Case # 10: The Boeing 7E7
Date: October 24th, 2012
Course Number: Fire 417 Cases in Financial Management
Instructor: Dr. Manu Gupta
Group Number: 4
Group members: Peter Lee, Siravuth Punyataweekul and Stephen Woolard.
1.) In early 2003, Boeing announced plans to design and sell an airliner named the 7E7. Boeing aimed for the 7E7 to be more fuel efficient, carry between 200 and 250 passengers, able to accomplish both domestic and international flights, as well as be 10% cheaper to operate than Airbus’s A330-200 aircraft. All of these attributes were attractive to Boeing but would come at significant costs. To accomplish these attributes, Boeing proposed to construct the aircraft primarily out of carbon-reinforced material, add a more fuel-efficient engine, use of composites to reduce manufacturing costs and be assembled in 3 days. There were also some obstacles standing in Boeing’s way of making this aircraft. For this aircraft to be able to accomplish both domestic and international flights, the engineers said they would need two different planes with different wingspans. The second obstacle was Boeing’s board of directors. With the 7E7’s project costs planned to be $10 billion, there was an imminent veto threat if the project costs could not be decreased by billions. The board wanted more specifically to keep the 7E7’s development costs down to 40% and per copy costs down to 60% of the 777 aircraft costs. Boeing’s CEO and chair, Philip Condit, knew that if Boeing did not take risks, their days of being a competitor in the commercial-aircraft industry were numbered.
2.) In 2002 the large plane commercial-aircraft industry is dominated by two big competitors; Boeing and Airbus. Although Boeing had historically held the largest market share, Airbus started closing in. In 2002, Airbus received 233 commercial orders compared to Boeing’s 176. This had Airbus representing a 57% market share and an estimated 53.5% dollar value market share. While Airbus concentrated on passenger aircraft, Boeing’s operation has two main segments: commercial airplanes and integrated defense systems. In 2002, Boeing was awarded a $16.6 billion defense contract. Boeing’s operations had seen revenue falling in the commercial aircraft segment but saw their defense revenues rising. The defense contract gave Boeing a chance to use some of their technology research for both commercial and defense aircrafts. Boeing’s commercial-aircraft is comprised of six airframes designed for short, medium and long-range travel. As of December 31, 2002, Boeing undelivered units from under firm order of 1083 commercial aircraft and had a declining backlog of about $68 billion. With all of the cancelled orders, Boeing was predicting 280 commercial-aircraft deliveries in 2003, which would bring revenues down to $22 billion in 2003 from $28 billion in 2002. Realizing the effects the economy was having on the airline industry, Boeing decided to cut production rates in half in order to maintain profitability in that segment.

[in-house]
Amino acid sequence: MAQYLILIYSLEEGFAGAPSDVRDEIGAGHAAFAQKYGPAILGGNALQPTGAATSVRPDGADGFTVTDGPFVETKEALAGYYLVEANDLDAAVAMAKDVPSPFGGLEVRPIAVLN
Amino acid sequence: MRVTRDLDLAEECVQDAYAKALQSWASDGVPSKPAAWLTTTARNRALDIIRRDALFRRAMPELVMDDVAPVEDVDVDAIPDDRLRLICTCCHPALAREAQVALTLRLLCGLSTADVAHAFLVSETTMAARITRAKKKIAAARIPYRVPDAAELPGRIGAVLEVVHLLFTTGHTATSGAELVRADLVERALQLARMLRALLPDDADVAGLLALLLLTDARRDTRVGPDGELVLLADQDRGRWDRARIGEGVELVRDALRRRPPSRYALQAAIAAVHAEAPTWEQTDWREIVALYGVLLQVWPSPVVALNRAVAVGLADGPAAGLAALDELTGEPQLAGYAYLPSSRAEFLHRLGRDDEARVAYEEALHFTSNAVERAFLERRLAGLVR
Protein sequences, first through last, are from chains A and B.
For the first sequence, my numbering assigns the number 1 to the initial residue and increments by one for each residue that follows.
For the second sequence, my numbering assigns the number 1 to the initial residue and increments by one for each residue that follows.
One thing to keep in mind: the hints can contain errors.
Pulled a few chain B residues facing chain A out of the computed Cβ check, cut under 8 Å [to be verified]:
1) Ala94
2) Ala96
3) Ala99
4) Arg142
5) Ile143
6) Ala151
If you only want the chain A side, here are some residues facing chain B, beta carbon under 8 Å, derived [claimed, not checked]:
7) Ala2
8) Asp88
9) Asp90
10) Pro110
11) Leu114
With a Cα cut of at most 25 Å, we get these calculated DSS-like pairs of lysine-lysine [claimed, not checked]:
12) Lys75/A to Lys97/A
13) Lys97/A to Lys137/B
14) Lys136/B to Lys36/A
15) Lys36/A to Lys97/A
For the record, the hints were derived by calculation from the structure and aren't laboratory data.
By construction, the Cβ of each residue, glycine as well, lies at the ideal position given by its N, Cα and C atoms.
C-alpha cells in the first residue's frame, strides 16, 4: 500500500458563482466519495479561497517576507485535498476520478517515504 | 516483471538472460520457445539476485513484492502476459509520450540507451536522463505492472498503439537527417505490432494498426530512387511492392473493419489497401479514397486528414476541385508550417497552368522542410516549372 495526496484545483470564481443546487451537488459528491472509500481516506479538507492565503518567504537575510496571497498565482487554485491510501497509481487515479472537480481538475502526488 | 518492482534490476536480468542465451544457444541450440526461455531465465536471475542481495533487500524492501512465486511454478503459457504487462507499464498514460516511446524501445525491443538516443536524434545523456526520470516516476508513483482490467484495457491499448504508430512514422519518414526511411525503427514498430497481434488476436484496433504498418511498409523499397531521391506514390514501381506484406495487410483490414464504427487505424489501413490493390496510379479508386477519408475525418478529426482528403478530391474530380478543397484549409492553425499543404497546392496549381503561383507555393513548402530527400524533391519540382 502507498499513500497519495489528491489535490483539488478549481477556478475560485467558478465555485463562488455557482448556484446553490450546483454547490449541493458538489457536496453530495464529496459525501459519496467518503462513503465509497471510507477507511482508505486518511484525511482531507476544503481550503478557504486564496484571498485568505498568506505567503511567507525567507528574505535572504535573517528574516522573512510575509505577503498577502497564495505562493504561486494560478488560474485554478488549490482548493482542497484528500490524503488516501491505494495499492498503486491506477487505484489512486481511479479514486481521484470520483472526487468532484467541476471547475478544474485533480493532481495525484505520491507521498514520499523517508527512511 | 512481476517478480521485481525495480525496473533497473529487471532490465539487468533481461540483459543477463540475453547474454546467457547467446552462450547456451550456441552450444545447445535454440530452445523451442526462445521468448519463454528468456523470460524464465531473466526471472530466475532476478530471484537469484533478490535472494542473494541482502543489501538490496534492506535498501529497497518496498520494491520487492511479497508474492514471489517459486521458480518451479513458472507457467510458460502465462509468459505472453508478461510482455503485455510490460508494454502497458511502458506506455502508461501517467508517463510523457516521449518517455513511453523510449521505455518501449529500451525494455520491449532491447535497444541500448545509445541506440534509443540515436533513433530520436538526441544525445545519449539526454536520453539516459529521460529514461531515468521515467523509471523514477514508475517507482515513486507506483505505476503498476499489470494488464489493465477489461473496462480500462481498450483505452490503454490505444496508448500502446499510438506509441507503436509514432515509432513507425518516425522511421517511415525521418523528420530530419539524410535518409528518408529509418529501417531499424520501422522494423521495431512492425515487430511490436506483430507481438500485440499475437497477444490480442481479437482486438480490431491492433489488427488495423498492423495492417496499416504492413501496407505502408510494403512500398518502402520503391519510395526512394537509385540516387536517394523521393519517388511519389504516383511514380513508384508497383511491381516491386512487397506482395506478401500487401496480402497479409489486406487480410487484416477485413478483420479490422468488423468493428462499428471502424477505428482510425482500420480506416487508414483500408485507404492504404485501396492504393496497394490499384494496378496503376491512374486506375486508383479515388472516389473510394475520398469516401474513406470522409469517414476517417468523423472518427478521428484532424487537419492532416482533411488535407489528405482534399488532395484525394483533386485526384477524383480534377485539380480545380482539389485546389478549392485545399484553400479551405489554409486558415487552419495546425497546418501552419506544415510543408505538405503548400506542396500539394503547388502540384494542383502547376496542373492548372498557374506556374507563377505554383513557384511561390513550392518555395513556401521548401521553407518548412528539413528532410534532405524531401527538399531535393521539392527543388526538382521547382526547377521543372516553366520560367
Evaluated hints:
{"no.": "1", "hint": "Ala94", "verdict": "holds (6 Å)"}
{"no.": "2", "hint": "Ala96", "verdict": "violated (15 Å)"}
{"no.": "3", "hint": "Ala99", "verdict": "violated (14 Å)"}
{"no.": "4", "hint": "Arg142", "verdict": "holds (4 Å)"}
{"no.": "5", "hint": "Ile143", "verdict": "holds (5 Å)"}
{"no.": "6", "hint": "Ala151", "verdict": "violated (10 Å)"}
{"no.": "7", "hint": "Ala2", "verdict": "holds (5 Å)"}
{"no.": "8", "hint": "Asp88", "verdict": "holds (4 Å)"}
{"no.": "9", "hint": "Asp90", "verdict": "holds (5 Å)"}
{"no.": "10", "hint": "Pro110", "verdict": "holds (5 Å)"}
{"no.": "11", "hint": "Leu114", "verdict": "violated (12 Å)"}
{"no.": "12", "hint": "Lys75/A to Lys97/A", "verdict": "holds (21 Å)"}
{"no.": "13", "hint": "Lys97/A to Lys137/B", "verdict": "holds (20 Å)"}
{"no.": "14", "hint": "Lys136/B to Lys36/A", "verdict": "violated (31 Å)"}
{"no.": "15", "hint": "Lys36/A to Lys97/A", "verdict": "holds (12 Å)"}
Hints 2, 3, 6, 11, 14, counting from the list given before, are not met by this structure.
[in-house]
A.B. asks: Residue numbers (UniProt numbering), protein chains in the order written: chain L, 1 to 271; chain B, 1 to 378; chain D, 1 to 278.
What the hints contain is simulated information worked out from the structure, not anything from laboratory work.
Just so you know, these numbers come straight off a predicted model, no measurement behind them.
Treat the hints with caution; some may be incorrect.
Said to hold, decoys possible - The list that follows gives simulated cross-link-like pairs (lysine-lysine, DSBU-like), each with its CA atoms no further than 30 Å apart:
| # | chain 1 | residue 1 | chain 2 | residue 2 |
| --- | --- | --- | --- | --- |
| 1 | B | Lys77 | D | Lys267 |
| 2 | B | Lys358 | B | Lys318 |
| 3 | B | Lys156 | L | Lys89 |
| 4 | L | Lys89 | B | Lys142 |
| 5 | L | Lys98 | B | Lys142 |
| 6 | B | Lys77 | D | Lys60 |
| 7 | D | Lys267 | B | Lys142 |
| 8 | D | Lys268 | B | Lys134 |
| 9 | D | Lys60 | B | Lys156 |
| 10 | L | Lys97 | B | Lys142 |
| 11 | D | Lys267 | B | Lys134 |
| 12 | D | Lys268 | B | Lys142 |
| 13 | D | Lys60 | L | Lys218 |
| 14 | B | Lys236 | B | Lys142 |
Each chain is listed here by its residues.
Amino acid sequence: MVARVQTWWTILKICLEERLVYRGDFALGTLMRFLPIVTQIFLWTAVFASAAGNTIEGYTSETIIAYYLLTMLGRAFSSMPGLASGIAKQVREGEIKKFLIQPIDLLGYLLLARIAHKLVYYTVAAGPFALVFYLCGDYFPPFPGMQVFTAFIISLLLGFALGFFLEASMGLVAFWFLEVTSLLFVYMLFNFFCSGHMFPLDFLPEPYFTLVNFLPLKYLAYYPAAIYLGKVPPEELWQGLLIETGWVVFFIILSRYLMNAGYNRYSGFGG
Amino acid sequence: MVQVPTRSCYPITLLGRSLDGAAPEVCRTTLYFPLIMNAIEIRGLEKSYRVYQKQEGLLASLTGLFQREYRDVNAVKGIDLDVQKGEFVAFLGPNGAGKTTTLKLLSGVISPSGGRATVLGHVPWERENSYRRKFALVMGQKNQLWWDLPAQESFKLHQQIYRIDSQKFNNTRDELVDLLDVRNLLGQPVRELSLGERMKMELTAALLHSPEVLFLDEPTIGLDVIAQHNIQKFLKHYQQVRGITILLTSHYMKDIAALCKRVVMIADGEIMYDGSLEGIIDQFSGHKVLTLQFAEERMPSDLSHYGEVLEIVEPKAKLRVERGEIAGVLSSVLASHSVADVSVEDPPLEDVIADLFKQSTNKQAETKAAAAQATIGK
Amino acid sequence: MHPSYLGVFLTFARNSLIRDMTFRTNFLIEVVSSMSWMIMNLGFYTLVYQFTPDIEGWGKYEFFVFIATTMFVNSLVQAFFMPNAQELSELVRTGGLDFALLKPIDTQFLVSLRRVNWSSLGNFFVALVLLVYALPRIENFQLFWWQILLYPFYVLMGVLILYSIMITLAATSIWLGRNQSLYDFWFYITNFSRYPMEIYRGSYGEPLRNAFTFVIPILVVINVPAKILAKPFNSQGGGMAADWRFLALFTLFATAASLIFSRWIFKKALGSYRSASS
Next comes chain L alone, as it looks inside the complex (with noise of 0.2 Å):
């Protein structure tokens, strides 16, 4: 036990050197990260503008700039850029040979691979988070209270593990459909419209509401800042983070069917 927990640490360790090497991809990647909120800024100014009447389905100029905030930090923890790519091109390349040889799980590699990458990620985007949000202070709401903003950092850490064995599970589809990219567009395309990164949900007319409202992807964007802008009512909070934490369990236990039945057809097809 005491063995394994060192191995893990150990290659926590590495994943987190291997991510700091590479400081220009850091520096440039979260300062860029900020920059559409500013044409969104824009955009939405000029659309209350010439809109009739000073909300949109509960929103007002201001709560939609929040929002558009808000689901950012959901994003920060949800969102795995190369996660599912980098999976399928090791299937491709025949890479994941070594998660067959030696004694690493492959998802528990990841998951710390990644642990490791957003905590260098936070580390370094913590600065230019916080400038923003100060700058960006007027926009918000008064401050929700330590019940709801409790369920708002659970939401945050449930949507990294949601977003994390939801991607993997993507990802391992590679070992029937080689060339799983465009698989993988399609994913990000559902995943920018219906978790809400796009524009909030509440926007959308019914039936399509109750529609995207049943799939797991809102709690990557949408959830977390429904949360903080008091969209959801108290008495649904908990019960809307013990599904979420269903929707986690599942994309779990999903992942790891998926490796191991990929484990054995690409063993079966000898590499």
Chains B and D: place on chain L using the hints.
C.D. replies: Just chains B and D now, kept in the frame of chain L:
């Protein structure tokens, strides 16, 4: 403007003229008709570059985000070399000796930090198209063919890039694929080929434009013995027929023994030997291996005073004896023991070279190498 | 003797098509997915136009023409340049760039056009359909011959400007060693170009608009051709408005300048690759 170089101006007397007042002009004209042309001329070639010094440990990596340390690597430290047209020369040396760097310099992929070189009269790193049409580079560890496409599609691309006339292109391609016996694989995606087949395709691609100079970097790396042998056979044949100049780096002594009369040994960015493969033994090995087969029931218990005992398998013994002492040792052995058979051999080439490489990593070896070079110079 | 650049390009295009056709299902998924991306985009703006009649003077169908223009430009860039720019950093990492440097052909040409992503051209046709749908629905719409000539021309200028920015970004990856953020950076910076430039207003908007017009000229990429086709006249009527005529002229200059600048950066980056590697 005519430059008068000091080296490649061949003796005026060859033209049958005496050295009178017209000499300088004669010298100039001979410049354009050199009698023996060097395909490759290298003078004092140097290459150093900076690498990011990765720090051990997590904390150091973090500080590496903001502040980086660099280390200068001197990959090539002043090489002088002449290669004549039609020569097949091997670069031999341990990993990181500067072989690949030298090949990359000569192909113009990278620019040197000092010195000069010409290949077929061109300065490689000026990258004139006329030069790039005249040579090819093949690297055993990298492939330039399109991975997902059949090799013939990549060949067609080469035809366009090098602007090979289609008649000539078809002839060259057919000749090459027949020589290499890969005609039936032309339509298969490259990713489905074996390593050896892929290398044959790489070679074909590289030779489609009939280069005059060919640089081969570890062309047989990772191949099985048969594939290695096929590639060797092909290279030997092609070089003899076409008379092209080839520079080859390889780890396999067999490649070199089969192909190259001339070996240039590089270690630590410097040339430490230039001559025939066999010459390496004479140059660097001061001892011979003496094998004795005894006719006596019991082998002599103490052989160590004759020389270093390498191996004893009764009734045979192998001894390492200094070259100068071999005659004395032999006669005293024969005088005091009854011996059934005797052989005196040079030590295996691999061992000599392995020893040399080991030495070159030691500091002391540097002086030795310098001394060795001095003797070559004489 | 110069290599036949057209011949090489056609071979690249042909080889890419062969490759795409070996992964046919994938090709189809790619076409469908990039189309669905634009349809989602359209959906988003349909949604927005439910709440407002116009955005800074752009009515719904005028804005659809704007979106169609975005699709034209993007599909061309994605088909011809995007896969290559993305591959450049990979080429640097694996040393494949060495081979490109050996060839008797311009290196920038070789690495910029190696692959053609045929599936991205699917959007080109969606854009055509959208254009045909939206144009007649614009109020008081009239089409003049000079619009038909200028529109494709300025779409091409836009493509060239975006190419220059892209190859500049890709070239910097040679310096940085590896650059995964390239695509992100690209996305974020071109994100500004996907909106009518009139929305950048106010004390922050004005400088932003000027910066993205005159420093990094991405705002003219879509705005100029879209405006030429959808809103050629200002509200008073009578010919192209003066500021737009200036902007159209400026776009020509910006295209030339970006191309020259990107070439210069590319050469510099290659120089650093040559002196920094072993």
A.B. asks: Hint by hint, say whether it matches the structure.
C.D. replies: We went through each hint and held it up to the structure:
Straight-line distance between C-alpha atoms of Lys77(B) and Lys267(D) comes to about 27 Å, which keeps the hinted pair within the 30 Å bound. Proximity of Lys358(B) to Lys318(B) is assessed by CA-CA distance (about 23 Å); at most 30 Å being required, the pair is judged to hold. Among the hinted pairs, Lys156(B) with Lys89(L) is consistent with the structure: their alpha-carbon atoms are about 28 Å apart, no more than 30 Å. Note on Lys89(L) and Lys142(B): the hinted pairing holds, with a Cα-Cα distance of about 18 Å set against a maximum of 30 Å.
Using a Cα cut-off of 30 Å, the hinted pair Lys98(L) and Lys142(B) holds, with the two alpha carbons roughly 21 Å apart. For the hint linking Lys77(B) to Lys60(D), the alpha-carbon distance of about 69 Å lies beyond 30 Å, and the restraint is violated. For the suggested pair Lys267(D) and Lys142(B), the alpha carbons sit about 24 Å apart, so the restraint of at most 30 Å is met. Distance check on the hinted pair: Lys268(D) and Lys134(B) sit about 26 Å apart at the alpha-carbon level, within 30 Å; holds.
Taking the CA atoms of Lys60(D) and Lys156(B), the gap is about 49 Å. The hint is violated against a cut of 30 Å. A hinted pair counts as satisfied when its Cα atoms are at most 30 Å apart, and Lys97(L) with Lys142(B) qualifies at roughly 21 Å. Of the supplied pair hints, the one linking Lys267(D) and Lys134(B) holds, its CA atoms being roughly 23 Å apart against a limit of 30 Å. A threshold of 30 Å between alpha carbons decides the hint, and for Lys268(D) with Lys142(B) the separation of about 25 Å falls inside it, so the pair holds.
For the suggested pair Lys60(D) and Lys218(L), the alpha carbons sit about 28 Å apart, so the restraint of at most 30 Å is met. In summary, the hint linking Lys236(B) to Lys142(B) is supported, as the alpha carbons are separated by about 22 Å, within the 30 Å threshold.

Boeing 7E7 Financial Plan:
1.) The 20-year forecast of free cash flows for the Boeing 7E7 project has some strict implications. The 7E7 project would have to yield an internal rate of return close to 16%, Boeing would be able to deliver the promised plane specifications and that Airbus wouldn’t be able to reproduce the 7E7 efficiencies. The base case assumes that Boeing would be able to sell 2500 units within the first 20 years of delivery. Pricing for the 7E7 was a hybrid between the prices of Boeing’s 777 and 767. Since the capacity of the 7E7 was between that of the 777 and 767, it was possible to estimate the value placed on the range and number of passengers. The cost of a base 7E7 would be $114.5 million and a stretch 7E7 would be $144.5 million. The prices of the 7E7 were assuming that customers would pay a 5% premium for the lower...
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